Browse Source

Initial commit

stripped-german
Julian Ospald 5 years ago
commit
eaf0f3d92e
No known key found for this signature in database GPG Key ID: 220CD1C5BDEED020
2 changed files with 138 additions and 0 deletions
  1. +138
    -0
      VL1.tex
  2. BIN
      function-machine.png

+ 138
- 0
VL1.tex View File

@@ -0,0 +1,138 @@
\documentclass[10pt,a5paper,mathserif,serif,usenames,dvipsnames]{beamer}

% packages
\usepackage{xcolor}
\usepackage[utf8]{inputenc}
\usepackage{amsmath}
\usepackage{amsfonts}
\usepackage{amssymb}
\usepackage{graphicx}
\usepackage{listings}

% package configuration
\DeclareGraphicsExtensions{.pdf,.png,.jpg}

% title page information
\author{Julian Ospald}
\institute{FH Bielefeld}
\title{Haskell: introduction}

% color definition
\definecolor{solarized}{HTML}{002B36}

\begin{document}

% page 0
\frame{\titlepage}

% page 1
\begin{frame}
\frametitle{Why haskell?}
A Haskeller might claim: haskell...
\begin{itemize}
\item eliminates certain classes of bugs
\item makes it easy to reason about code
\item decreases the bus-factor
\item makes it possible to apply huge changes to large programs without worrying about the implicit state machine
\item makes it easier to program complex problems
\item allows for clean APIs, even without any OOP
\item a haskell program of 10K LOC isn't that much different to maintain as a 100K LOC
\end{itemize}
\vspace{\baselineskip}
We'll have to see if this holds true.
\end{frame}

% page 1
\begin{frame}[fragile]
\frametitle{Why haskell? (ctn.)}
From C++ std:
\lstset{
language=C++,
backgroundcolor=\color{White},
frame=single,
keepspaces=true
}
\begin{lstlisting}
void pop();
\end{lstlisting}
\lstset{
language=C,
}
From the C FLINT library:
\begin{lstlisting}
void fmpz_mod_poly_add(
fmpz_mod_poly_t res,
const fmpz_mod_poly_t poly1,
const fmpz_mod_poly_t poly2);
\end{lstlisting}
\vspace{\baselineskip}
Regular C functions in real-world (omitting examples on purpose):
\begin{itemize}
\item 100+ LOC
\item at least 7 ifs, 4 whiles, 12 variables, 1 goto
\item access both static and global variables
\item indenting level of 5 or more
\item a lot of memory management and custom-made error handling
\end{itemize}
\end{frame}

\begin{frame}
\frametitle{Why haskell? (ctn.)}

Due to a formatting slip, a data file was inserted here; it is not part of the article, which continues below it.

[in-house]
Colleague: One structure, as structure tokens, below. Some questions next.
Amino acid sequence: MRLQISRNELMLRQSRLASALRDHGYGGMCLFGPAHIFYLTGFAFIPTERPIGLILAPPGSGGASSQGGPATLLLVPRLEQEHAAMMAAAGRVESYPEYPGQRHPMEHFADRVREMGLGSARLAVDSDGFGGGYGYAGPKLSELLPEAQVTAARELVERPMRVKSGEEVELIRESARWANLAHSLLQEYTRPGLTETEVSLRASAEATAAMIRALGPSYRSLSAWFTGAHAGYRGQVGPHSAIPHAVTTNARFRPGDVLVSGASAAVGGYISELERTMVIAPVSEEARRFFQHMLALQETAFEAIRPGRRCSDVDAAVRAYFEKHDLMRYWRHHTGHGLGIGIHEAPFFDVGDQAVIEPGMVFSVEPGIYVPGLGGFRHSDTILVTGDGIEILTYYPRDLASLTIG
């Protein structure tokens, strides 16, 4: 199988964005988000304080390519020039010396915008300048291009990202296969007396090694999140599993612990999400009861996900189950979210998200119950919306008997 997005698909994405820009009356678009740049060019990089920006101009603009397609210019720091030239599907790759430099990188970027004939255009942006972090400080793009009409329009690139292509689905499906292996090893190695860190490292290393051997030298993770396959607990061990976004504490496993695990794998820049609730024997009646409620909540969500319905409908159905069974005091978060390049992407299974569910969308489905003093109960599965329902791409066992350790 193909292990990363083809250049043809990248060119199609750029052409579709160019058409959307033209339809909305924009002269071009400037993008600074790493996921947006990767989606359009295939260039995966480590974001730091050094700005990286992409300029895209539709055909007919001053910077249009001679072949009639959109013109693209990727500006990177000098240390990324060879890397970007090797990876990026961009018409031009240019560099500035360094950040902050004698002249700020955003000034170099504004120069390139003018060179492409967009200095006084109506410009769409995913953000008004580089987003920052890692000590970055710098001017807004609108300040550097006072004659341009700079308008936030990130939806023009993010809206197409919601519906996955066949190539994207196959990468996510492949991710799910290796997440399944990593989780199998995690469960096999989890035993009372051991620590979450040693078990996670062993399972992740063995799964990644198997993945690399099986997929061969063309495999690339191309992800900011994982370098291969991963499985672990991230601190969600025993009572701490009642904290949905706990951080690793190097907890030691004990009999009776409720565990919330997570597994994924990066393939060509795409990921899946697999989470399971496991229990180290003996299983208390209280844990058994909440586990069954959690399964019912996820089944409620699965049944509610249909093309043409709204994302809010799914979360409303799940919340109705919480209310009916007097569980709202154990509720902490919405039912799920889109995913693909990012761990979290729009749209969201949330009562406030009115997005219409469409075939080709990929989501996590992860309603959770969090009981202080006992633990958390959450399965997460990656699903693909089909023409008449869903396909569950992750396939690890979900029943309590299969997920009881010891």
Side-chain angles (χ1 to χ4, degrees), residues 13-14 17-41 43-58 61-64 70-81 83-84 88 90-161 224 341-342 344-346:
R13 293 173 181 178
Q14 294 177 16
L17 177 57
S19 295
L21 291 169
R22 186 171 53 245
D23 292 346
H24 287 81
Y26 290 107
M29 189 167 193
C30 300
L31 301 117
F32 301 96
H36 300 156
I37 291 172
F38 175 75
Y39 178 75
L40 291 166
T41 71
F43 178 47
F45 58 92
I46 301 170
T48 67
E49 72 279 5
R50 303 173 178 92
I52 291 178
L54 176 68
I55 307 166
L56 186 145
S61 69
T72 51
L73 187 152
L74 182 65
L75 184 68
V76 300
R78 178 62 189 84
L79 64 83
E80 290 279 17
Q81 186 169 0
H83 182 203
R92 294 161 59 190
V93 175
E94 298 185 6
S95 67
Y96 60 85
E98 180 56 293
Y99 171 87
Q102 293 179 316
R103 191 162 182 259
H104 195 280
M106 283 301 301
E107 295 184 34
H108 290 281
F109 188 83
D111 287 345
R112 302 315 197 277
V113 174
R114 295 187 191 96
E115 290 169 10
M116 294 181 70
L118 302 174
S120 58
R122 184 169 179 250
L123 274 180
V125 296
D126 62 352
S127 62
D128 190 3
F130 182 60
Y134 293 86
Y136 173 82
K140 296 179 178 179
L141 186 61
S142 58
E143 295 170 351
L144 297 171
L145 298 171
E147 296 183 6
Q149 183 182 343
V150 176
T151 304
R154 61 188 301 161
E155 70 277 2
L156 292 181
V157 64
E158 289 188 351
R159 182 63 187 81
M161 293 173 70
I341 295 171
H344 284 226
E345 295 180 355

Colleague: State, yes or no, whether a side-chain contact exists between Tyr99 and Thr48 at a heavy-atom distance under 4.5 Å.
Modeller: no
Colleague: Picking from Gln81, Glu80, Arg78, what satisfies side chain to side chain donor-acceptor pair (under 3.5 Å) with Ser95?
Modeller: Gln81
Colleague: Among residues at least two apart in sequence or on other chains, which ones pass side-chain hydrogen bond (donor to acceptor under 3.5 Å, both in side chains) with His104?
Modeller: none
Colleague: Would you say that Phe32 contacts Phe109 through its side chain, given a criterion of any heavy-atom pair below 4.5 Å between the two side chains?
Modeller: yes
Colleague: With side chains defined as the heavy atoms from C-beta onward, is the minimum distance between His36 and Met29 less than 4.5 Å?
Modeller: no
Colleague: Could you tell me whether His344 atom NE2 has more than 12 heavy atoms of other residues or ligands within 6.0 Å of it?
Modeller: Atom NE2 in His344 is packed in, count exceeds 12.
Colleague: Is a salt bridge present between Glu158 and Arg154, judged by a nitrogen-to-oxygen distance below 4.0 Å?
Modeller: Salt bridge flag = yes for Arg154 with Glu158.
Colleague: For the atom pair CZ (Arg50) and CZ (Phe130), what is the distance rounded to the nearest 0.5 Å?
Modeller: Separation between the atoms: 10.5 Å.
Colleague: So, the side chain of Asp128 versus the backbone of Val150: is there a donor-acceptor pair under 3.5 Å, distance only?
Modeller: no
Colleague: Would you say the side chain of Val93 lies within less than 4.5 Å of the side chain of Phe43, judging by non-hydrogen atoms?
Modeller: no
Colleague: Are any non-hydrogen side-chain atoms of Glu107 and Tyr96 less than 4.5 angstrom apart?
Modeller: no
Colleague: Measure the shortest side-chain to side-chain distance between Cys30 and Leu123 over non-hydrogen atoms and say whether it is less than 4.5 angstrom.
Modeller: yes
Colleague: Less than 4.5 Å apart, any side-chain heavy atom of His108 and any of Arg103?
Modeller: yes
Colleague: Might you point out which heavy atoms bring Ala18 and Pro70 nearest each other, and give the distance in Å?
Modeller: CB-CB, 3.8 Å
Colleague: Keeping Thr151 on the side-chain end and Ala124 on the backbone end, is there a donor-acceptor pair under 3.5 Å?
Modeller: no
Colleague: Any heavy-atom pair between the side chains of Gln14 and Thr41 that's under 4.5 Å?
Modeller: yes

You need to change only one single line in such a C function. You have to know:
\begin{itemize}
\item does the order of function calls matter?
\item how does the change effect the memory management? Do we have memory leaks? Do we access invalid memory?
\item does it change the state of static or global variables?
\item does it implicitly change the state of out-parameters?
\item if it changes any of those states, is the function still correct?
\item does the program flow break? Do we have unreachable codepaths now?
\item did you just nuke a small former Soviet state?
\end{itemize}
\end{frame}

\begin{frame}
\frametitle{Why haskell? (ctn.)}
But java helps! Does it?
Sort of, because:
\begin{itemize}
\item it improves APIs compared to C, since you can hide information in the state of an object (but... it's hidden now)
\item it has a garbage collector, so you don't need to worry too much about memory... unless it doesn't work OOTB anymore
\end{itemize}
Unfortunately, we:
\begin{itemize}
\item now got even more states to keep track of (intellectual complexity?)
\item have clouded the program flow... it's now about object-interaction with their implicit states
\item still have \textbf{side effects} everywhere: one object changes the state of another and vice versa, may arbitrarily write to the hard drive, do kernel calls or launch a missle
\end{itemize}
Some parts of the implicit state machine have been made explicit by modelling classes, but it's still there and we have to deal with it, because we are modelling everything around states. Wouldn't it be nice if we could just forget about the global state machine? Maybe there is even a way to remove side effects and have more "predictability"? We are lucky. There is. It's called \textbf{Haskell}.
\end{frame}

% page 2
\begin{frame}
\frametitle{What is haskell?}
Haskell is a \textbf{functional}, \textbf{pure}, \textbf{lazy} and \textbf{statically typed} high-level programming language.
\end{frame}

% page3
\begin{frame}
\frametitle{What does \textbf{functional} mean?}
Think of haskell functions as regular \emph{mathematical} functions.
\vspace{\baselineskip}
\includegraphics*[scale=0.4]{function-machine.png}
\begin{itemize}
\item does this function write to the hard drive?
\item does the output depend on anything else except the input (e.g. time, environment, ...)?
\end{itemize}
\end{frame}

% page4
\begin{frame}
\frametitle{What does \textbf{functional} mean? (ctn.)}
\begin{itemize}
\item \emph{first-class} citizens: functions are values
\item a haskell program is what happens when \emph{expressions are evaluated}
\end{itemize}
\end{frame}


\end{document}

BIN
function-machine.png View File

Before After
Width: 350  |  Height: 350  |  Size: 30 KiB

Loading…
Cancel
Save